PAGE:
Total Film's Scores

  • Movies
For 734 reviews, this publication has graded:
  • 59% higher than the average critic
  • 4% same as the average critic
  • 37% lower than the average critic
On average, this publication grades 3.5 points higher than other critics. (0-100 point scale)
Average Movie review score: 65
Lowest review score: 20 47 Ronin
Score distribution:
  1. Negative: 17 out of 734
734 movie reviews
    • 87 Metascore
    • 80 Critic Score
    It won’t be for everyone, but Burgundy is rich, dark and could well lead to intoxication.
  1. A masterpiece of animation and imagination.
    • 86 Metascore
    • 80 Critic Score
    Steeped in the bitter political divisions of the Civil War, Spielberg's thrilling film about hardwon freedoms is immersed in its own time, but speaks eloquently to ours.
    • 86 Metascore
    • 80 Critic Score
    A pitch-perfect performance from Dern graces Alexander Payne’s latest roadmovie – another bittersweet meditation on the sad, comic futility of life.
  2. The initially cryptic plotting and low-key realism are familiar from Iranian dramas; what’s striking is how Rasoulof shifts into such a lucid, gut-punching tale of persecution. The film’s flaws are forgivable; its very existence should be applauded.
    • 86 Metascore
    • 80 Critic Score
    This blistering, Oscar-nominated documentary tells how its members refused to let patients become pariahs.
    • 86 Metascore
    • 80 Critic Score
    Not only has director Christian Petzold assembled a fascinating hill of beans, but there's a moonlit scene that almost alone justifies his Silver Bear win at Berlin.
  3. Splashes of overstatement aside, the ambition intoxicates.
    • 86 Metascore
    • 80 Critic Score
    Combining laughs and thrills with plenty of verve, Ben Affleck continues his smart directorial career with a stylish, gripping hostage drama.
  4. With potent performers and poetic visuals, Anderson has made the boldest American picture of the year. Its strangeness can be hard to process, but this is a shattering study of the impossibility of recovering the past.
    • 86 Metascore
    • 80 Critic Score
    Despite its hard-scrabble setting, eco-gloominess and dystopian story, this dark fairytale is engagingly vivid and life-affirming. An ambitious love letter to a Louisiana way of life that's being literally washed away.
  5. As their early fights give way to growing respect, it’s a beautifully calibrated relationship, with small moments gradually building into something much bigger. A gem.
    • 85 Metascore
    • 80 Critic Score
    The footage – discoveries made by the Allies in the liberated Nazi camps during 1945 – is graphic, terrible, unforgettable.
    • 85 Metascore
    • 80 Critic Score
    Plays like an elegy for the demise of the cool, thick with the small-hours allure of addiction and infatuation but smart enough to see clearly.
  6. A surreal head-scratcher that'd make Luis Buñuel smile, it may not be perfectly formed, but there's no denying its fierce originality.
  7. Fleet, funny, impeccably orchestrated: whimsical Wes returns on top of his game. Non-fans might call it over-familiar comfort cinema but with the craft so loving and new elements so well-integrated, his singular pitch remains a thing to cherish.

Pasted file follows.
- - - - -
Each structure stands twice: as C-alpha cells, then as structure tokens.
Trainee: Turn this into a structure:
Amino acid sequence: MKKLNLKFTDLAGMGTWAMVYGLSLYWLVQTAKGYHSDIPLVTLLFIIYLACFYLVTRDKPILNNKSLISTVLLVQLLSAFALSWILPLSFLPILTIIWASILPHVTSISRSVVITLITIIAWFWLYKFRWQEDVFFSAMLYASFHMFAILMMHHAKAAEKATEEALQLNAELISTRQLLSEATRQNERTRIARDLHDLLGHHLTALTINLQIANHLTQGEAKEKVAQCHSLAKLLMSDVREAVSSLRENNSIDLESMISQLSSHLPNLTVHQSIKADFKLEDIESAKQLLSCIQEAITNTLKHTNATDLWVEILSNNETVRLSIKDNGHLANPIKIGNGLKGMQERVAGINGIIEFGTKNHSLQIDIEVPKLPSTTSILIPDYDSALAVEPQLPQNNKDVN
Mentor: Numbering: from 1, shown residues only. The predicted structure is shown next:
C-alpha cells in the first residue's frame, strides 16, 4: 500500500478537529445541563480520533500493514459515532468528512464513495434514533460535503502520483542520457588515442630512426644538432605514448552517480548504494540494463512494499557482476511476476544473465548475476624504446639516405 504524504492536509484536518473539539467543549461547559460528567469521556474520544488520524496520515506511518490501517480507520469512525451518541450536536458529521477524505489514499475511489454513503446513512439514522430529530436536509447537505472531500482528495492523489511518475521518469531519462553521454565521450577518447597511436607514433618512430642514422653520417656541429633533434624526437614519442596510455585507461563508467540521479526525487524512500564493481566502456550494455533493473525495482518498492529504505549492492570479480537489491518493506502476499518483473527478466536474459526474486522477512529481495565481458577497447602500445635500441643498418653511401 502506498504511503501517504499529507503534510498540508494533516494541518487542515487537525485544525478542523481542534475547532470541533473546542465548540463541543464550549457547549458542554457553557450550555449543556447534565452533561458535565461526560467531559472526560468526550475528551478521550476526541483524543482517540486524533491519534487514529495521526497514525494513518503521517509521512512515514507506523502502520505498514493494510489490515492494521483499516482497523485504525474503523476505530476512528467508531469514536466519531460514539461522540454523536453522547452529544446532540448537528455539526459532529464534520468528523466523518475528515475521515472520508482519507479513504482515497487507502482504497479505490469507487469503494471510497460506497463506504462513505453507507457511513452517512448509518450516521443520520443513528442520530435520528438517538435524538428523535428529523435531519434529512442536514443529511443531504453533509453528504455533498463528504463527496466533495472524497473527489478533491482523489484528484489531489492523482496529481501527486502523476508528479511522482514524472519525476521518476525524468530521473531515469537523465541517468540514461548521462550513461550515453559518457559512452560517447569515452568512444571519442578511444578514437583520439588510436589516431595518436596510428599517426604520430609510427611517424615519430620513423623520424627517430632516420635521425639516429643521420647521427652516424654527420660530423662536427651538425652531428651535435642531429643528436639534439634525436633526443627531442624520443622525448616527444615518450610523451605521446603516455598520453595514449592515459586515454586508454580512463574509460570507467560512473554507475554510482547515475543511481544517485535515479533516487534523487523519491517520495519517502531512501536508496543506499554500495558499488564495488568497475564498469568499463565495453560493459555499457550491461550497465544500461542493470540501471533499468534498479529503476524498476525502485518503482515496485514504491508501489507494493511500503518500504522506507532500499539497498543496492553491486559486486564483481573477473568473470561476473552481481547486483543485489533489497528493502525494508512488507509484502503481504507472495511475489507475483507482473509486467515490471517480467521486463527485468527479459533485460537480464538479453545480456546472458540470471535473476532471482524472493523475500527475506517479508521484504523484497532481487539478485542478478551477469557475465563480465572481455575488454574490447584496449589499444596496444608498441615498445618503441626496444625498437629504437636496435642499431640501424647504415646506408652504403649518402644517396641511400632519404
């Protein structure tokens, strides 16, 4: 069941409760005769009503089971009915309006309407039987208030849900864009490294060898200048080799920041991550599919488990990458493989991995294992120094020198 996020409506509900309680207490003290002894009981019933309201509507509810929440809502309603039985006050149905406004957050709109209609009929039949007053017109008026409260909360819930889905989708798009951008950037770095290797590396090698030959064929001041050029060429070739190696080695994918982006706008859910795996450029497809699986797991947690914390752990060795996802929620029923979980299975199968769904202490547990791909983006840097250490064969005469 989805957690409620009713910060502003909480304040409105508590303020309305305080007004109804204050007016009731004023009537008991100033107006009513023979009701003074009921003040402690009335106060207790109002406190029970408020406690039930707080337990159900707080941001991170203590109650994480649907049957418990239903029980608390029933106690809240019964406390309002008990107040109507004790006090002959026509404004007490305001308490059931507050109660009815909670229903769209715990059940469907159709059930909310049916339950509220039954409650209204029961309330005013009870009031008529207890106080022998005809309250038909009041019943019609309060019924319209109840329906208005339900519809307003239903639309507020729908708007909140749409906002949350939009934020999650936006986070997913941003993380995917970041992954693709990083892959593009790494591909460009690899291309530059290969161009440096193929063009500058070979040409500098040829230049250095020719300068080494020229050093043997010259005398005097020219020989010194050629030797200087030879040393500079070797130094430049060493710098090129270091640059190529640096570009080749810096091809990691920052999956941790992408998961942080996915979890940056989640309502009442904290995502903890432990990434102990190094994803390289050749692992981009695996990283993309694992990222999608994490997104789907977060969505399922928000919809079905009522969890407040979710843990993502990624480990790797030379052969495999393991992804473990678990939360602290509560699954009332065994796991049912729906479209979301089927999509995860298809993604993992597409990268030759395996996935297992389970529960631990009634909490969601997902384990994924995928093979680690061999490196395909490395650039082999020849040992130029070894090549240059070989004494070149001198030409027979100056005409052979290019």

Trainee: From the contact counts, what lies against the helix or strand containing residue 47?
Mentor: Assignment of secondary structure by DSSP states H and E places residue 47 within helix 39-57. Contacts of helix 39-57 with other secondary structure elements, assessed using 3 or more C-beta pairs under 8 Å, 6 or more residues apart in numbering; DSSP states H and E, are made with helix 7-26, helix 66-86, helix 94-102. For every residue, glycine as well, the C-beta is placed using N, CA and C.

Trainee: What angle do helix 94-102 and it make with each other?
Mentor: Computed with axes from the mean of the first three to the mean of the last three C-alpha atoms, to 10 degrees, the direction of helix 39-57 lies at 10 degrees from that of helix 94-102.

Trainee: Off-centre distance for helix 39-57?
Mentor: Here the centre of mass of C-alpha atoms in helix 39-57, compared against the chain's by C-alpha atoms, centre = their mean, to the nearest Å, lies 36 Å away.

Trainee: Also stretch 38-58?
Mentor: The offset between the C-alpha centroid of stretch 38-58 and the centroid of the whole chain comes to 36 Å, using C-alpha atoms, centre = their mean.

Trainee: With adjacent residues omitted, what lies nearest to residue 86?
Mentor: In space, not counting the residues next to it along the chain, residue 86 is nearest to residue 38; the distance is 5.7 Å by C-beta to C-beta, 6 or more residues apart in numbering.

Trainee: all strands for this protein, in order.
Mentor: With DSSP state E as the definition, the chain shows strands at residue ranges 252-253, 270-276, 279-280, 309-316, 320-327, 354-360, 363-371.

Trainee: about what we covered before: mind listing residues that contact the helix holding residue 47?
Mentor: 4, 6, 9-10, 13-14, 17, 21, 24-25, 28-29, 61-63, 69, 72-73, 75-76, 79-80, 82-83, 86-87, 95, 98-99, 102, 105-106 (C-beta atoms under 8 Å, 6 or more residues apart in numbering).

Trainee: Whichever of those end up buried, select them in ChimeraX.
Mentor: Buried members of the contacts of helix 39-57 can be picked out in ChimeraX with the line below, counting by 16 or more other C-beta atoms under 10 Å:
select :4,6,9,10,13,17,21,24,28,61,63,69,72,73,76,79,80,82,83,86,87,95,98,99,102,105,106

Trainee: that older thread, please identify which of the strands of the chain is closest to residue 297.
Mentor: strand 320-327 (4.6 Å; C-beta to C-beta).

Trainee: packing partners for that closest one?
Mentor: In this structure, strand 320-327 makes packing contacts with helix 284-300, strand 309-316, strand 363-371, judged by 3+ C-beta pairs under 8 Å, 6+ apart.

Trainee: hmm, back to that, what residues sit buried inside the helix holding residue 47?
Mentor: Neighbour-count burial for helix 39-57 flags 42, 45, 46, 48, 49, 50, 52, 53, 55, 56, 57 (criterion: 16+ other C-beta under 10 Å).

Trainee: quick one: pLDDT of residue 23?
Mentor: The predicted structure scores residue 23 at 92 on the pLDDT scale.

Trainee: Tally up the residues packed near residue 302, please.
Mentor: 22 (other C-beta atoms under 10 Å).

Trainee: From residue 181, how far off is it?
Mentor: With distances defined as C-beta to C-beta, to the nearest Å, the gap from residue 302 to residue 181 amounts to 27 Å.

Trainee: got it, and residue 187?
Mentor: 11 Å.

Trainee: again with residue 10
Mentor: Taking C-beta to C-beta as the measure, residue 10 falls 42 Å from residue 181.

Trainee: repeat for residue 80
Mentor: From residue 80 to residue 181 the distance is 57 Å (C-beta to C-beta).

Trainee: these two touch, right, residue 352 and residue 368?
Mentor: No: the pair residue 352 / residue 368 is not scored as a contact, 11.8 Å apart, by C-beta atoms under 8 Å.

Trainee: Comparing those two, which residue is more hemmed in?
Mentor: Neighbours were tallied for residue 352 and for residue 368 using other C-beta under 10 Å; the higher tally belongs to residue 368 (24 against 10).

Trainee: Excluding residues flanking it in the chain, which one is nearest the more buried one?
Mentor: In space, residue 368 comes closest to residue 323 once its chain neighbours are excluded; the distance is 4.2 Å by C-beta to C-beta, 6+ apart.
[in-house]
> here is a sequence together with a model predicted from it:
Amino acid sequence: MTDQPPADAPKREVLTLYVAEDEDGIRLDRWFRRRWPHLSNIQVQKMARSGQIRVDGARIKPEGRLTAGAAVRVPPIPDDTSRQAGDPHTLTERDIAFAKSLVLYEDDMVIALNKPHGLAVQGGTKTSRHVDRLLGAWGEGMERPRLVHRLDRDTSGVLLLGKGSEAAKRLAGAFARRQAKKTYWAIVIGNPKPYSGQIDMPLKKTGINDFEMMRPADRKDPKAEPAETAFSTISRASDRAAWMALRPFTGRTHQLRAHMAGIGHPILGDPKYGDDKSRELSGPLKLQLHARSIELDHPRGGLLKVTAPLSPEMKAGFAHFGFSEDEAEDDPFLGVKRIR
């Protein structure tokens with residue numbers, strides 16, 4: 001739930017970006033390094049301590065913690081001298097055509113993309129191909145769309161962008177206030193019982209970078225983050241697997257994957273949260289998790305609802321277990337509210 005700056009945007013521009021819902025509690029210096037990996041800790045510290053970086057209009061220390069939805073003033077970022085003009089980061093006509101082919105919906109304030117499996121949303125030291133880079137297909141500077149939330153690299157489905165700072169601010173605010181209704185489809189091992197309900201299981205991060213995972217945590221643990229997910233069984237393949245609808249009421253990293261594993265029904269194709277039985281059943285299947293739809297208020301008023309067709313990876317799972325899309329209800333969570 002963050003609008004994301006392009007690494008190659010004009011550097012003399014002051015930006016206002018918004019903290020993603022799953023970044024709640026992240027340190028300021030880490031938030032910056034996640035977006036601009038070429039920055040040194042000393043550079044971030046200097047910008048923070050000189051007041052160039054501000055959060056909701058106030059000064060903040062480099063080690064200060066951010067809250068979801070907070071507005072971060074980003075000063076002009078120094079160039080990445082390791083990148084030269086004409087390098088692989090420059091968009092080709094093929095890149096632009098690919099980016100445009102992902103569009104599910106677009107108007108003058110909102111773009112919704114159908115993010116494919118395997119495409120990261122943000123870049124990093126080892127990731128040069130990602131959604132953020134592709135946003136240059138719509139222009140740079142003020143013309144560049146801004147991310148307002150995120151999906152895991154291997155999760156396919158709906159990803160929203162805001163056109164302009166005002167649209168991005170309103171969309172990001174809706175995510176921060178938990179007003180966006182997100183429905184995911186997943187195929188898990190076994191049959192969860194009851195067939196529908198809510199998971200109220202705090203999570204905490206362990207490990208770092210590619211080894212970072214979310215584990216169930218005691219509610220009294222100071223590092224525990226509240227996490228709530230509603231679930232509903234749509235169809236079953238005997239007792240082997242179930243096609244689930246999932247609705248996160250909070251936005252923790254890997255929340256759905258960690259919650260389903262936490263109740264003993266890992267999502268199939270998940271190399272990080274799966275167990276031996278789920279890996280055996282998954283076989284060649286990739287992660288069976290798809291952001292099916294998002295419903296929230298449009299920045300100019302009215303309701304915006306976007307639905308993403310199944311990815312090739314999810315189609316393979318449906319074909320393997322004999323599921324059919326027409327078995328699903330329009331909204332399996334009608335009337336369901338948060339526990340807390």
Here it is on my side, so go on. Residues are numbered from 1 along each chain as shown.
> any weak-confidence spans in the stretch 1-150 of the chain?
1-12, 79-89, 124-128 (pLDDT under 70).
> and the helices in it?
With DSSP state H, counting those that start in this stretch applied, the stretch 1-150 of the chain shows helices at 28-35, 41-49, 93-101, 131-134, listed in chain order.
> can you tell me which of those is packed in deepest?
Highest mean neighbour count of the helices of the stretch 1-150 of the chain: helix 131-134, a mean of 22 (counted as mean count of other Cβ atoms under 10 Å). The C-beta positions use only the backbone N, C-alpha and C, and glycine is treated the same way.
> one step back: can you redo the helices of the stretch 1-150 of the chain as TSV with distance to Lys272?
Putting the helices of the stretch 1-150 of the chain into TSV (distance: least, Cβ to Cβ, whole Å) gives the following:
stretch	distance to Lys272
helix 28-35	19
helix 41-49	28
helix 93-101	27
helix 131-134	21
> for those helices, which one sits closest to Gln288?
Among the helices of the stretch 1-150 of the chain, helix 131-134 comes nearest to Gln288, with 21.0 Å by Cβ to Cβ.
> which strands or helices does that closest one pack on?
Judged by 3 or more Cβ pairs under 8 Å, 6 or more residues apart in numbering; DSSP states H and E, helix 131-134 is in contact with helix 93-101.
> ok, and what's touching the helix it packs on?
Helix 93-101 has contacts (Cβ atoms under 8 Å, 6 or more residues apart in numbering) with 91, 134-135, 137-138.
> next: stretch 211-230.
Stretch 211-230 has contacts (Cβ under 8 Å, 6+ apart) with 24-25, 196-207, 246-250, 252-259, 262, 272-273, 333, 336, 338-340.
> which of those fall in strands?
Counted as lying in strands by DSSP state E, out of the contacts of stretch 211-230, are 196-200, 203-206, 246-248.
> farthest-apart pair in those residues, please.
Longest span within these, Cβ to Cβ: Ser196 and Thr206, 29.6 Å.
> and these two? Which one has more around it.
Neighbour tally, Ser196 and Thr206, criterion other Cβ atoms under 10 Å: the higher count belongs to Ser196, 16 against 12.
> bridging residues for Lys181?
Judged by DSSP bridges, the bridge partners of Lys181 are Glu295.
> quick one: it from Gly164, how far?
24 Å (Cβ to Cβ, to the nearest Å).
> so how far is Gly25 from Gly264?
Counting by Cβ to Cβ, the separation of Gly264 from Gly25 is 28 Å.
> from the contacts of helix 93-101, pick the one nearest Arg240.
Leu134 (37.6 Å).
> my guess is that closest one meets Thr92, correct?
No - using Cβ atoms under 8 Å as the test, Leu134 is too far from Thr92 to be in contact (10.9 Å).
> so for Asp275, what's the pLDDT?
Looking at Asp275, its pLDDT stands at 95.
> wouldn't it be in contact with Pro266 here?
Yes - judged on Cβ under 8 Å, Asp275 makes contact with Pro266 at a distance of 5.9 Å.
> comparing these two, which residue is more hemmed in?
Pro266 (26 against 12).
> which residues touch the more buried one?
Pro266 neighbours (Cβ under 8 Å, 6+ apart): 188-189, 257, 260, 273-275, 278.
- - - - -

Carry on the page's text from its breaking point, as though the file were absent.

• 84 Metascore
    • 60 Critic Score
    Anders Danielsen Lie gives a compelling, deep-etched lead turn, and you'll find yourself drawn in as he searches for a reason to continue living.
  8. The best sci-fi movie since "Moon." The best time-travel yarn since "12 Monkeys." And one of the best films of 2012. You'll immediately want to see it again.
  9. Blurring documentary/fiction boundaries, writer/director Jem Cohen’s film is deceptively simple.
  10. If not wholly convincing as an ‘issues’ movie, this memoir is a triumph as an actors’ showcase; with McConaughey and Leto giving the performances of their careers.
  11. Like a more obvious underwater twist on Herzog’s "Grizzly Man," Blackfish presents a persuasive, passionate argument: wild nature’s right to freedom demands respect, cock and all.
  12. Squeezing every drop of tension from wet-ink recent history, Phillips only falters when making its protagonists mouthpieces in a broader geopolitical debate. Otherwise, it’s full steam ahead to the Oscars.
  13. Ridiculously funny and meticulously detailed, The LEGO Movie is far better than a toy tie-in movie has any right to be. Despite a couple of dips, you’ll be grinning throughout.
  14. Sticking tightly to its heroine’s everyday routines and rituals, this deft blend of humour and pathos fully earns its defiantly upbeat dance-floor denouement.
  15. Carried aloft by the remarkable performances of her two young leads, Clio Barnard’s poignant, unflinching slice of hard-knock-life grips tight and lingers long. Britain’s definitely got talent.
  16. The simple approach teases fascinating parallels between art and marriage: essential to both, it seems, are a thick skin and an optimism verging on madness.
  17. The result is a shrewd look at classroom etiquette and an achingly sad study of grief-stricken solitude, built on ace performances by Fellag and the kids-especially 11-year-old scene stealer Sophie Nélisse.
  18. The lead character’s called Grace, but don’t be put off: Cretton’s tough-love snapshot of shattered youth is achingly moving rather than manipulative or mawkish.
  19. Charming, poignant and often very funny, Baumbach and Gerwig’s latest collaboration is a joyous portrait of an unformed personality that should strike chords of recognition in all who watch it.
  20. It’s actually a ruthlessly plausible thriller, stripped clean of music and melodrama, and all the more engrossing for it.

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